Help fight breast cancer with these limited edition Adidas shoes
If you’re reading this, chances are breast cancer has impacted your life. Only one in eight women in the United States will develop breast cancer in her lifetime, so whether you’ve been diagnosed yourself or know someone who has it, the fallout affects us all. This year, the folks at Adidas are joining the fight to raise awareness and support with a limited edition of their most popular mountain bike shoe, the Five Ten Freerider Pro Canvas.
This new colorway combines all the cutting-edge features of the standard Pro model (grippy Stealth S1 outsoles, impact-resistant toes, durable synthetic uppers made from recycled ocean plastic) with eye-catching style, but the Freerider Pros are more than just a nice piece of equipment: it’s a pair of shoes with a story.
This particular story begins in 2010, when an avid mountain biker named Luke Hontz was offered his dream job as a bike project manager at Five Ten shoes. Hontz says biking was his biggest passion since he was a kid, but he never expected to have the chance to turn that passion into a career. Unfortunately for Hontz, her new professional honeymoon was short-lived: A few months after starting her new job, Hontz learned that her mother had been diagnosed with breast cancer.
“I was really shaken. I was in the midst of a new career, my dream job, helping to launch the Five Ten Bike business. Also, that first year, Five Ten was purchased by Adidas (2011 ), which added many more layers to my job title. I have traveled extensively to major cycling events, both in North America and Europe. I would never complain about anything, but that meant I was on the road rather than being with my mom.- Luke Hontz, Adidas Five Ten Senior Product Manager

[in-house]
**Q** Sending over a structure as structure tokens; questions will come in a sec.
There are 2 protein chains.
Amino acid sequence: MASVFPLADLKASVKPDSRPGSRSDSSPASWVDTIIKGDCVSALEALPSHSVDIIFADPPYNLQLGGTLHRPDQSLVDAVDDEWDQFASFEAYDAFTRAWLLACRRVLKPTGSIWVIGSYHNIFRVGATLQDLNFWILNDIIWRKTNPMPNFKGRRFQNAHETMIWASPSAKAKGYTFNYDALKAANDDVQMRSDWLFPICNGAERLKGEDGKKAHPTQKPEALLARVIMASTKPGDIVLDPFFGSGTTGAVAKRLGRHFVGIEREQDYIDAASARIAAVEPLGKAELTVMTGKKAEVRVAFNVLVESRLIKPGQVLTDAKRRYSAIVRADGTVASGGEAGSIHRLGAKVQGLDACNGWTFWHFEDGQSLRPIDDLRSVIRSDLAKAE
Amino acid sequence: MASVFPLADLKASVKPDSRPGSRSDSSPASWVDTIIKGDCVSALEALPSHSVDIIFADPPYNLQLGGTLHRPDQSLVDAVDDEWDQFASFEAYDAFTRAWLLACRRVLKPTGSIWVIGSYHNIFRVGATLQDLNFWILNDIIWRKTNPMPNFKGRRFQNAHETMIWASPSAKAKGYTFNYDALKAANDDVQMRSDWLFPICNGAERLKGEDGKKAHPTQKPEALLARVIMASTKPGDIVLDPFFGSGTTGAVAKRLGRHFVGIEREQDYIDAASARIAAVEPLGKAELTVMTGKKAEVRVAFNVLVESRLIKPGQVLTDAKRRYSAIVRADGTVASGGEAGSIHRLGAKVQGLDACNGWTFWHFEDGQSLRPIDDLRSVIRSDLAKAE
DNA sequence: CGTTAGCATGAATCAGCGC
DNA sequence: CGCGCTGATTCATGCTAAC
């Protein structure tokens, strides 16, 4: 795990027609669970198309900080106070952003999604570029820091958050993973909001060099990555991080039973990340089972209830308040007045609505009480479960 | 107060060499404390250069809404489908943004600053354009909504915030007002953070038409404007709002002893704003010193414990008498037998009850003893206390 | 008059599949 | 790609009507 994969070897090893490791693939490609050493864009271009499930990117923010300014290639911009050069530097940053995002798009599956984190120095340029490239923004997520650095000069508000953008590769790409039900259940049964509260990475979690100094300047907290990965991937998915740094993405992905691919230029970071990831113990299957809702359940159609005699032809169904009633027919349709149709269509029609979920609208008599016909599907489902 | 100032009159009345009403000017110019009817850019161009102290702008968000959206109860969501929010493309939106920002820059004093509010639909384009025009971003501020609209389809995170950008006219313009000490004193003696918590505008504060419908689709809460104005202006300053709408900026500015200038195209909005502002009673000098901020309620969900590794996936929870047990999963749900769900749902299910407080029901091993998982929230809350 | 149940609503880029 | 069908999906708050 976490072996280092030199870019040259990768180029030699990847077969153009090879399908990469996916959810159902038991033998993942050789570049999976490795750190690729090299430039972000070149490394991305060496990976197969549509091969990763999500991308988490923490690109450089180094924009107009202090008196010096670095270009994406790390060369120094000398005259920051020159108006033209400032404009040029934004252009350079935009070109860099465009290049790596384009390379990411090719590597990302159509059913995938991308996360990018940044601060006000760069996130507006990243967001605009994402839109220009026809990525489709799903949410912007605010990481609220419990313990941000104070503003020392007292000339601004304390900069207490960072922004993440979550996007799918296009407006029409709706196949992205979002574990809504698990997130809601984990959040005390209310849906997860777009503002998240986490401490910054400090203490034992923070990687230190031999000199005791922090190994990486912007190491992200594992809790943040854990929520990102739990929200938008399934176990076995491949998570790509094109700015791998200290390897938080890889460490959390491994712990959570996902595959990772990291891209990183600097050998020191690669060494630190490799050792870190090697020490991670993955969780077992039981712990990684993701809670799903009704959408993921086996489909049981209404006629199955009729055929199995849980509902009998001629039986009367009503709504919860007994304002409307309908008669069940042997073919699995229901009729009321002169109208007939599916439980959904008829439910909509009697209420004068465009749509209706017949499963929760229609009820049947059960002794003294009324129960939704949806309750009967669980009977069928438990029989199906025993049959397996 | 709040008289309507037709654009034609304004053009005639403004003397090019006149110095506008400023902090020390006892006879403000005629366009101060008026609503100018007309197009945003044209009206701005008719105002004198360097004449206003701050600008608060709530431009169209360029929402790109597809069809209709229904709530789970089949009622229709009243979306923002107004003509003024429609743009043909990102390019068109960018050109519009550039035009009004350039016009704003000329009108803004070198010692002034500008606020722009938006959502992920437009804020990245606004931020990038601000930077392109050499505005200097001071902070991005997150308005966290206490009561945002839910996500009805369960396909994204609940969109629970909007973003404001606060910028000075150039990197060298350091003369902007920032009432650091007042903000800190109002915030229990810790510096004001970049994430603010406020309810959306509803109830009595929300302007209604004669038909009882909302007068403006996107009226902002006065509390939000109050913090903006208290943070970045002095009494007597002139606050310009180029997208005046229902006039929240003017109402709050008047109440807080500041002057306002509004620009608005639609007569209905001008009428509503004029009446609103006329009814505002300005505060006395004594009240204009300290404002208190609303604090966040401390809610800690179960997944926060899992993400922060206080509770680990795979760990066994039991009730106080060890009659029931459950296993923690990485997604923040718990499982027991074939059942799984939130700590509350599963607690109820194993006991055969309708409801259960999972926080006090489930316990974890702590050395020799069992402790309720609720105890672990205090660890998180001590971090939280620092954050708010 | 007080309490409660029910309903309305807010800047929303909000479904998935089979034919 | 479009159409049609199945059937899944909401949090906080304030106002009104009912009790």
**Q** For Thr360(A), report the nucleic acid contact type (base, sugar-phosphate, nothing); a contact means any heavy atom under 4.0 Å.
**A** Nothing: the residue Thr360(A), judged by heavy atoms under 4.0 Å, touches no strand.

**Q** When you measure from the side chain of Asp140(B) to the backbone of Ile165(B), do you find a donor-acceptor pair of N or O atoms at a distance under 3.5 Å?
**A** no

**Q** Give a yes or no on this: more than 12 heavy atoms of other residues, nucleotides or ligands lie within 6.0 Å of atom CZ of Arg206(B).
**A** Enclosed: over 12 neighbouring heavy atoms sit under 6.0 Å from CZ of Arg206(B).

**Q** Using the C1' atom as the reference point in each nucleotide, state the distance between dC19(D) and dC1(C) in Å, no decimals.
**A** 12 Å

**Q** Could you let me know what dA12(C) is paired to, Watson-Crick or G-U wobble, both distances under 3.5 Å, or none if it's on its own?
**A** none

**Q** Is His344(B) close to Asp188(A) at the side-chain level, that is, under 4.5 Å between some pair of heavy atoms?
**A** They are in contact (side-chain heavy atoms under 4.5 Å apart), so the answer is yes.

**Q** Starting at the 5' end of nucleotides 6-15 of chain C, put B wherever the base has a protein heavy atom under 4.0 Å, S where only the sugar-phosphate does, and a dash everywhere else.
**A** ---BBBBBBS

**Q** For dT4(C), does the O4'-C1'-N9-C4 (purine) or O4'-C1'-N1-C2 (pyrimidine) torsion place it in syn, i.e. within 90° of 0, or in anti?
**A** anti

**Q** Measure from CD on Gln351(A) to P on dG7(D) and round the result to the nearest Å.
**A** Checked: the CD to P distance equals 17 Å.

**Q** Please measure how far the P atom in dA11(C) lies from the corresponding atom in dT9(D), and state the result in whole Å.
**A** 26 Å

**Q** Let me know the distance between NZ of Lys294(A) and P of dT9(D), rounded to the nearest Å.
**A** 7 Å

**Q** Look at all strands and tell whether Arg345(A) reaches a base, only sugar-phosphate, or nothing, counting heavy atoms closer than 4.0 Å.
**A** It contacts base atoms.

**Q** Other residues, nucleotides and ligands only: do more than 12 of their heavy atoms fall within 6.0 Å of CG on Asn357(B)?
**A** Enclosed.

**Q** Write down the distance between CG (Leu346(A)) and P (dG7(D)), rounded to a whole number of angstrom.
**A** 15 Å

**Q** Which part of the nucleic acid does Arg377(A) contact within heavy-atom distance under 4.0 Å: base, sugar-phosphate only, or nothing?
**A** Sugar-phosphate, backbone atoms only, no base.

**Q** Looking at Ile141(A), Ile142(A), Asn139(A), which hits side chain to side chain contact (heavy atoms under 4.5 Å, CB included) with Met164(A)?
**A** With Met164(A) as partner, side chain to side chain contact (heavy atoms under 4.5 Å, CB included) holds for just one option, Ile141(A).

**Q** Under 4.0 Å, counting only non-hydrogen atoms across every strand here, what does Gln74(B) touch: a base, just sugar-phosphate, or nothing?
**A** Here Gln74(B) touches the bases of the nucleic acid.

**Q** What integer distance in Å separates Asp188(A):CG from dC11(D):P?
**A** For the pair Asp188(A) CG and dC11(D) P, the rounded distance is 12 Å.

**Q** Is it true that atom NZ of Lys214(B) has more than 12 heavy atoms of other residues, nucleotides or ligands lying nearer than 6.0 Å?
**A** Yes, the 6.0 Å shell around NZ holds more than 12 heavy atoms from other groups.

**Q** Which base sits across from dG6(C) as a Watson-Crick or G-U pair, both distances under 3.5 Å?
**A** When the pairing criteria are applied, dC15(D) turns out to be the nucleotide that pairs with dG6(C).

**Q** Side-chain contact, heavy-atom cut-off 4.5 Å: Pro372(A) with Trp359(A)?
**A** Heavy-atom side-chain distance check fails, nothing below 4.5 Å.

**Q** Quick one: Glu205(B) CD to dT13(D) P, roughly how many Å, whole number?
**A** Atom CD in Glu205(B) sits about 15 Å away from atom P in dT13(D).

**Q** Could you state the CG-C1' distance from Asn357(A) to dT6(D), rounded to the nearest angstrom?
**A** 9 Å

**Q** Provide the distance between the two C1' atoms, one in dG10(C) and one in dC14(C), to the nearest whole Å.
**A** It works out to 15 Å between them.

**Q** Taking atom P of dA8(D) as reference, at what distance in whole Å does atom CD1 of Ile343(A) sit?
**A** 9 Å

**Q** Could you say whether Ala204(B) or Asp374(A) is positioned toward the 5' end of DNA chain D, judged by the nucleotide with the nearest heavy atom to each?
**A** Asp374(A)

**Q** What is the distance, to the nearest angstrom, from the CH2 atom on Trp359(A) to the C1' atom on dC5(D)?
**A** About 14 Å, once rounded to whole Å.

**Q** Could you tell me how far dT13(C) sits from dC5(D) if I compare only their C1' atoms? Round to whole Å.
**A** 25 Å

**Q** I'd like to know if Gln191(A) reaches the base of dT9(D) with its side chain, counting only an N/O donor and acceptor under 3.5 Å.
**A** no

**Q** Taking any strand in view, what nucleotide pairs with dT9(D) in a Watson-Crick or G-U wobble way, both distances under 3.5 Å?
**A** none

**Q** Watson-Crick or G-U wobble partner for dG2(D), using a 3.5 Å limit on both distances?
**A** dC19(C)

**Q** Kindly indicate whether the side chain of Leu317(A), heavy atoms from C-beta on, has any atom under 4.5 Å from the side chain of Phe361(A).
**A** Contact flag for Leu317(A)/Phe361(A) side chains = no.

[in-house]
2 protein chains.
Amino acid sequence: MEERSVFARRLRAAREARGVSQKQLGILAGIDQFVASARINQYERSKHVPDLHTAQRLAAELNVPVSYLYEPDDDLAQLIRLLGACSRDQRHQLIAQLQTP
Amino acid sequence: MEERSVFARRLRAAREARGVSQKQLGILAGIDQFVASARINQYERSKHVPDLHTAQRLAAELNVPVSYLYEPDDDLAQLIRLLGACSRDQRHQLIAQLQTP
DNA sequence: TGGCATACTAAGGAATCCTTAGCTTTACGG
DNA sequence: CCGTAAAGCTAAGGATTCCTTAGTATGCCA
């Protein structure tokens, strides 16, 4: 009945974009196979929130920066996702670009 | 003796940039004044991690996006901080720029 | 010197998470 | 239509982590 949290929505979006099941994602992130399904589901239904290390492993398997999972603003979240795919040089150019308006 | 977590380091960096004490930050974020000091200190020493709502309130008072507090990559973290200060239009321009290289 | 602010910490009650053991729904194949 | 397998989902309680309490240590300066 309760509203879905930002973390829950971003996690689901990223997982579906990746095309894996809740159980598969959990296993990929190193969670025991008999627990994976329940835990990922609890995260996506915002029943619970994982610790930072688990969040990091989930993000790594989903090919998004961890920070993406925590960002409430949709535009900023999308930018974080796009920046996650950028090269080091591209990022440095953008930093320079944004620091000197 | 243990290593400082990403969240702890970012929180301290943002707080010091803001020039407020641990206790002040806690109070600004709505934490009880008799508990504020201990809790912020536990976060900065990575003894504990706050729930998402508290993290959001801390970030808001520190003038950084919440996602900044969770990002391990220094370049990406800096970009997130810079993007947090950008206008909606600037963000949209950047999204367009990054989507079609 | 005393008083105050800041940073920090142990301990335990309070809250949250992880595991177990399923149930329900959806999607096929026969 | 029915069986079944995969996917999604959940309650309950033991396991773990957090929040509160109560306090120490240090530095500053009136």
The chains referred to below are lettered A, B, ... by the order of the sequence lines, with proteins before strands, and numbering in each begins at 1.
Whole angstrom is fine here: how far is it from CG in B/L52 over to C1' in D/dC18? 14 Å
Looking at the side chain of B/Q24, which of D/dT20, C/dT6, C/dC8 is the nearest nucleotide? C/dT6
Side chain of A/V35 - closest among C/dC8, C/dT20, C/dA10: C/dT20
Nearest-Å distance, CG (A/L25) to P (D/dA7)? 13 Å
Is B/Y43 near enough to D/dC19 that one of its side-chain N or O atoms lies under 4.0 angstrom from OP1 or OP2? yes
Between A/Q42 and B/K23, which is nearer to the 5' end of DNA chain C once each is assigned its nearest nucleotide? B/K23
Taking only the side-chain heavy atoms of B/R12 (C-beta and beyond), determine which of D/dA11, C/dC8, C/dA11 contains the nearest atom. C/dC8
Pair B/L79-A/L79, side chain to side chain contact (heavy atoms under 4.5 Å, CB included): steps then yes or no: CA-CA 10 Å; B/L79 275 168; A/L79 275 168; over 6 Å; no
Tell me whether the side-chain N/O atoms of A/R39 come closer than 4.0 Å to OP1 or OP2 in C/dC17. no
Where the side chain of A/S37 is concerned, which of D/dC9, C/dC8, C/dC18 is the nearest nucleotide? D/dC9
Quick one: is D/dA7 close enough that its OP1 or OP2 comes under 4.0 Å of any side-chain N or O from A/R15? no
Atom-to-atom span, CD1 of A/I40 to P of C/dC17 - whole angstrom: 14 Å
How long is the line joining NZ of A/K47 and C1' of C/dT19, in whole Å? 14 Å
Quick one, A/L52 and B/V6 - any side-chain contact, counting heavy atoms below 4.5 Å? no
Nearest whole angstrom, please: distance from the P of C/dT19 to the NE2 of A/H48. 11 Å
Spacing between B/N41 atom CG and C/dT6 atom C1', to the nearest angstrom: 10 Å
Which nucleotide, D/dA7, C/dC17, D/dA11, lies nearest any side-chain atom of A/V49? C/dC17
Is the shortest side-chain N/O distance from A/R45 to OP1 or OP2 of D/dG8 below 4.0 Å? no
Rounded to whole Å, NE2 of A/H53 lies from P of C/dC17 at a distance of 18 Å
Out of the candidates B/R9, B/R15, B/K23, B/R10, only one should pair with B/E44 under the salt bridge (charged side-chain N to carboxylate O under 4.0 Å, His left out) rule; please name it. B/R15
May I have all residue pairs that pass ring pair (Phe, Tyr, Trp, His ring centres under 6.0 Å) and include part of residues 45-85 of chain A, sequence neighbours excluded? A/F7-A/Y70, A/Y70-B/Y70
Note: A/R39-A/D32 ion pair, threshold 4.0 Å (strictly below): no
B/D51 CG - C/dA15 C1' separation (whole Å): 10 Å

Luckily for Luke, his mother is a fighter: Today, Susan Hontz lives cancer-free, and like many of the 3.8 million breast cancer survivors currently living in the United States, much of her success is due to early detection. According to the National Breast Cancer Foundation, 65% of breast cancer cases are diagnosed before they have time to spread to other parts of the body. Among these early detection cases, the relative survival rate in patients is encouraging at 99%.
Hontz says his mother’s experience inspired him to find a way to give back. He wanted to design something that would get people talking, which meant it had to be more than just a pink shoe. Hontz had worked with Vero Sandler, professional mountain biker and Five Ten athlete, on a previous project, and knew she was also a talented performer. When he approached her to collaborate on a design, the response was overwhelmingly positive.
Like many of us, Sandler had a close friend who had suffered from breast cancer and was happy to help. She spent the next few weeks talking with breast cancer survivors and found a common thread between them that ultimately inspired the lovely design you see here.
“Spending time in nature or thinking about nature has helped them stay positive through tough times,” says Sandler. “Some important people in my life have suffered from breast cancer. It’s important to raise awareness, and I’m thrilled to be involved in designing this collection.
Once the designs were complete, Hontz presented his proposal to the rest of the Adidas team. The result was so good that the company decided to launch a full line of Adidas shoes with BCA graphics, and included their Terrex Free Hiker and Agravic Ultras in the campaign, as well as the ever-popular Adidas Ultraboost running shoe.
Although we’ve tied a pink ribbon around Breast Cancer Awareness Month for the year, these new designs will be on sale throughout November. Adidas has pledged to donate $15 for every shoe sold to the National Breast Cancer Foundation or UK Breast Cancer Now, so whether you need to buy a new pair yourself or have someone active on your list races this year, they’re a great gift for a great cause.